Ginger Syrup

You’re probably familiar with ginger-forward drinks like the Moscow Mule or the Dark ‘N’ Stormy. Topped with robust, sweet, spicy ginger beer, neither classic cocktail is for the faint of heart. In fact, if you’re not a fan of ginger beer, it’s likely that you find the spicy profiles of these cocktails a little hard to drink. But that doesn’t mean you need to give up ginger for good. In fact, there are tons of other ways to infuse ginger into your cocktails that doesn’t involve the carbonated mixer. You can add fresh ginger juice or muddle minced ginger at the bottom of your shaker tin to add a tangy, intense vegetal spice to your cocktails. Or, you could make a sweet, satisfying ginger syrup that can easily replace the simple syrup in many of your favorite drinks.

It takes very little effort to make ginger syrup at home. All you need is a handful of ingredients and 24 hours to let it steep overnight. Simply add equal parts (in this case, one cup) water, sugar and ginger to a saucepan, along with bay leaf and a little black pepper. Bring to a simmer for about five minutes, stirring occasionally, until all the sugar is dissolved. Allow it to cool, and stick the whole thing in the refrigerator to steep overnight. You can place the whole saucepan in the fridge or pour its contents into a Mason jar to save space. The next day, strain the contents through a fine mesh sieve into a clean jar or swing top bottle. The recipe makes approximately two cups of syrup and will last in the fridge for at least a month. But let that timeframe only be a guideline—as long as the syrup doesn’t look or smell funny, feel free to use it beyond 30 days.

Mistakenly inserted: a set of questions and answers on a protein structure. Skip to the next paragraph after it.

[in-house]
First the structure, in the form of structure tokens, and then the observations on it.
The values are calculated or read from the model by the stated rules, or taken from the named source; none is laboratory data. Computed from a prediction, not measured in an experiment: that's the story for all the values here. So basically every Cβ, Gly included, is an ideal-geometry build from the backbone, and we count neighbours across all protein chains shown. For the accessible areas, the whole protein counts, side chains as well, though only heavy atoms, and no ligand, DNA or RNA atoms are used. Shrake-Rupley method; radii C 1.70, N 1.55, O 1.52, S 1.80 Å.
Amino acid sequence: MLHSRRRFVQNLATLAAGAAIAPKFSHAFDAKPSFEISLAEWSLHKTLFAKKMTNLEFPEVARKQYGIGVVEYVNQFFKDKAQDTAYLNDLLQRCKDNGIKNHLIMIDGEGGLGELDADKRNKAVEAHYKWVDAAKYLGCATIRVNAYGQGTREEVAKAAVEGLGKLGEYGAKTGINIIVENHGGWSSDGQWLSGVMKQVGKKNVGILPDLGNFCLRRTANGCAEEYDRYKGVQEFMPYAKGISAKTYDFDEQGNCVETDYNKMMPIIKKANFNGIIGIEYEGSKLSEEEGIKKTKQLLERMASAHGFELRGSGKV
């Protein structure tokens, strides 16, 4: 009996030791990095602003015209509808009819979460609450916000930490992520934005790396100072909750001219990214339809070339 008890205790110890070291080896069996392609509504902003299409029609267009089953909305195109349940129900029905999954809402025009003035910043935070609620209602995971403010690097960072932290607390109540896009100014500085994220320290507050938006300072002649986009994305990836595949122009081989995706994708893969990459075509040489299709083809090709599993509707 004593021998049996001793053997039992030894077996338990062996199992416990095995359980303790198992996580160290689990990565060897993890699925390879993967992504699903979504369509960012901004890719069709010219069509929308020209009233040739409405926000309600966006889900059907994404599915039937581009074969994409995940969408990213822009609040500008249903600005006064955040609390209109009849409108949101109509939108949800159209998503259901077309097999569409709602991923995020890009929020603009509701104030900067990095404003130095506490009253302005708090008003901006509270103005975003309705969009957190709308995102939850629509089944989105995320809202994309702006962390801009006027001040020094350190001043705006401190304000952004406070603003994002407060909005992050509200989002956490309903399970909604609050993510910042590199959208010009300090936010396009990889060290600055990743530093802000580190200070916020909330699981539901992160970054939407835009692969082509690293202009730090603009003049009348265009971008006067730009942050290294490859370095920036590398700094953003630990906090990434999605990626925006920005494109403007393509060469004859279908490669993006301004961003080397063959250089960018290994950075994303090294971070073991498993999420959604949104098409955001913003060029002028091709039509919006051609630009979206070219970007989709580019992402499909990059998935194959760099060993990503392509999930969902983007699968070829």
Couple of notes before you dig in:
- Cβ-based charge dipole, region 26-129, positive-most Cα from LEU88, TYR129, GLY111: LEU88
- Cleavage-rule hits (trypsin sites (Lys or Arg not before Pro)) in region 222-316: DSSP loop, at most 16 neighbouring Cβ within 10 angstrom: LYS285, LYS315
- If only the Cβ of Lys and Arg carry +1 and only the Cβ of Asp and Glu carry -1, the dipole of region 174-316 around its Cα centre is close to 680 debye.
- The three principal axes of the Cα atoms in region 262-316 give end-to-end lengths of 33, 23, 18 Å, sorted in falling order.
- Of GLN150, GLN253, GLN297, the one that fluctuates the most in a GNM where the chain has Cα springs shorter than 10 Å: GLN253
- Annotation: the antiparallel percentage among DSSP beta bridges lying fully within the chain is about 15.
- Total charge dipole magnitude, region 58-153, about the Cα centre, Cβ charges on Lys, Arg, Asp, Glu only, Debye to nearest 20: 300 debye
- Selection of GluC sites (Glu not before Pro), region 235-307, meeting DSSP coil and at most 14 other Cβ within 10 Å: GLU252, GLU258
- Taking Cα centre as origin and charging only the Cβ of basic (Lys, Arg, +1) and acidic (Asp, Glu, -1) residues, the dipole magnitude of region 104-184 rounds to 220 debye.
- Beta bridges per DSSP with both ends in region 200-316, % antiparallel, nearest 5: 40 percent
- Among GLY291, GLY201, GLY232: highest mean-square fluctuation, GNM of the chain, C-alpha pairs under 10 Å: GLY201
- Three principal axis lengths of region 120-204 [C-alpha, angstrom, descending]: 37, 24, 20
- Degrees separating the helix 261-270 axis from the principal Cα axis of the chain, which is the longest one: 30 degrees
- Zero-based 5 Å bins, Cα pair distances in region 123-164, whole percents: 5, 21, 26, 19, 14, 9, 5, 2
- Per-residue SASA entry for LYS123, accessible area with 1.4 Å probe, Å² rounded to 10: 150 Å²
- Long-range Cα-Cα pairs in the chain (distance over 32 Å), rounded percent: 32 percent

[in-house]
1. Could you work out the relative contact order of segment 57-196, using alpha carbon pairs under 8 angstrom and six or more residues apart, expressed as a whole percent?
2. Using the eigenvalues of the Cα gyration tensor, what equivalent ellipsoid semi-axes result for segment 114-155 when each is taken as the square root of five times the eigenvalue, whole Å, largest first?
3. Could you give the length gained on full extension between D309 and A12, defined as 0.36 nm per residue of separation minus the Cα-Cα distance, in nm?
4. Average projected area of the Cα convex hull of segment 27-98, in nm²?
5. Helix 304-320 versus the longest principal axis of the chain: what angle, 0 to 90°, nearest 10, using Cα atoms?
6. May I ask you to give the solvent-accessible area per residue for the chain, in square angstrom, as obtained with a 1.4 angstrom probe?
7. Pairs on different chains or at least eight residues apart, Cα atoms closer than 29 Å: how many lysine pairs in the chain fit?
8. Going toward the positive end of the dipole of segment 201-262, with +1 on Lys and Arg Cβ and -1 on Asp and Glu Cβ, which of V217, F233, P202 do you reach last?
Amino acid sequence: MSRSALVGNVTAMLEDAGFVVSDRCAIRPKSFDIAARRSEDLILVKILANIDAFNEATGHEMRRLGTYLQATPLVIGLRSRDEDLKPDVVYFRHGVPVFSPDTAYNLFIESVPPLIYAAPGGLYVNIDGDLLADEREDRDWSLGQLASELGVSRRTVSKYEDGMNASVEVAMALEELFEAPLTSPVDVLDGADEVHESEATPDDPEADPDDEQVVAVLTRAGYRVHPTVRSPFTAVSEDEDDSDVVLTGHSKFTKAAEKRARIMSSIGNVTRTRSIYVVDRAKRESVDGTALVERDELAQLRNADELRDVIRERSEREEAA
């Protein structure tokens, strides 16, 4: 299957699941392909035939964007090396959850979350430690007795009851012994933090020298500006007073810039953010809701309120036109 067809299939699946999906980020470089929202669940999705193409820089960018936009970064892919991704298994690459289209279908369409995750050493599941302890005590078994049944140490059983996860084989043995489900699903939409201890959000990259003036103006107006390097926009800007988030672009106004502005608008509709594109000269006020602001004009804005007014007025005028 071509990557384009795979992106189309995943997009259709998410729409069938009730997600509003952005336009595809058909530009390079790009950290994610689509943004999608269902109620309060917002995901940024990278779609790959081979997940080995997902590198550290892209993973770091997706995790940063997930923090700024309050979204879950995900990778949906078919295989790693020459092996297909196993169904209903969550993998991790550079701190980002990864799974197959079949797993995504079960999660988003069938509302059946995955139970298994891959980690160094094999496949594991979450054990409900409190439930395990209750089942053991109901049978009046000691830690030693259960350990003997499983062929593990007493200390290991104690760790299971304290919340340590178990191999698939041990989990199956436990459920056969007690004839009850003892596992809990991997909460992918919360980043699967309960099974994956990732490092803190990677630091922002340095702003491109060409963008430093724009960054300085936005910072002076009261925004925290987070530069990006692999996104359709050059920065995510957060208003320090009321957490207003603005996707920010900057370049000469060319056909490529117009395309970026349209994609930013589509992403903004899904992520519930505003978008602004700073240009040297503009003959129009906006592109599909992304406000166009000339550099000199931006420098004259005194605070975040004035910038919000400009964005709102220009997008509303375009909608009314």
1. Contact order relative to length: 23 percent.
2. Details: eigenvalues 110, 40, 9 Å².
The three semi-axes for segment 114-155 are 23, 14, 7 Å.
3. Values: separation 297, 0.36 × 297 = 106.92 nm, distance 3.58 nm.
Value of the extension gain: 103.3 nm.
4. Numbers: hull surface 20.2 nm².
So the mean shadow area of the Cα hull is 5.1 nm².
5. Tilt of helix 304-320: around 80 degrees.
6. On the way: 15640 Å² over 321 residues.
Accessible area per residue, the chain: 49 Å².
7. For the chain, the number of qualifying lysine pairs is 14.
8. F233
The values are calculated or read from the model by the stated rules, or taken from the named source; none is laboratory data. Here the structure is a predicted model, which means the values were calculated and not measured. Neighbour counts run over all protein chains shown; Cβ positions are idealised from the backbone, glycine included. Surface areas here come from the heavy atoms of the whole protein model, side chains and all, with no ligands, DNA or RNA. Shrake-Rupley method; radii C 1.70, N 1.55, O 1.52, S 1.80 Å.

Ginger Syrup



  • 1 Cup White Sugar
  • 1 Cup Water
  • 1 Cup Ginger
  • 1 Bay Leaf
  • 0.5 tbsp Black Pepper


Step one

Add all ingredients to a saucepan and bring to a simmer. Once the sugar has dissolved, remove from the heat.

Step two

Cool and refrigerate overnight. Strain with a fine sieve the next day.

Step three

Makes approx. 2 cups of syrup.

Contributed by Supercall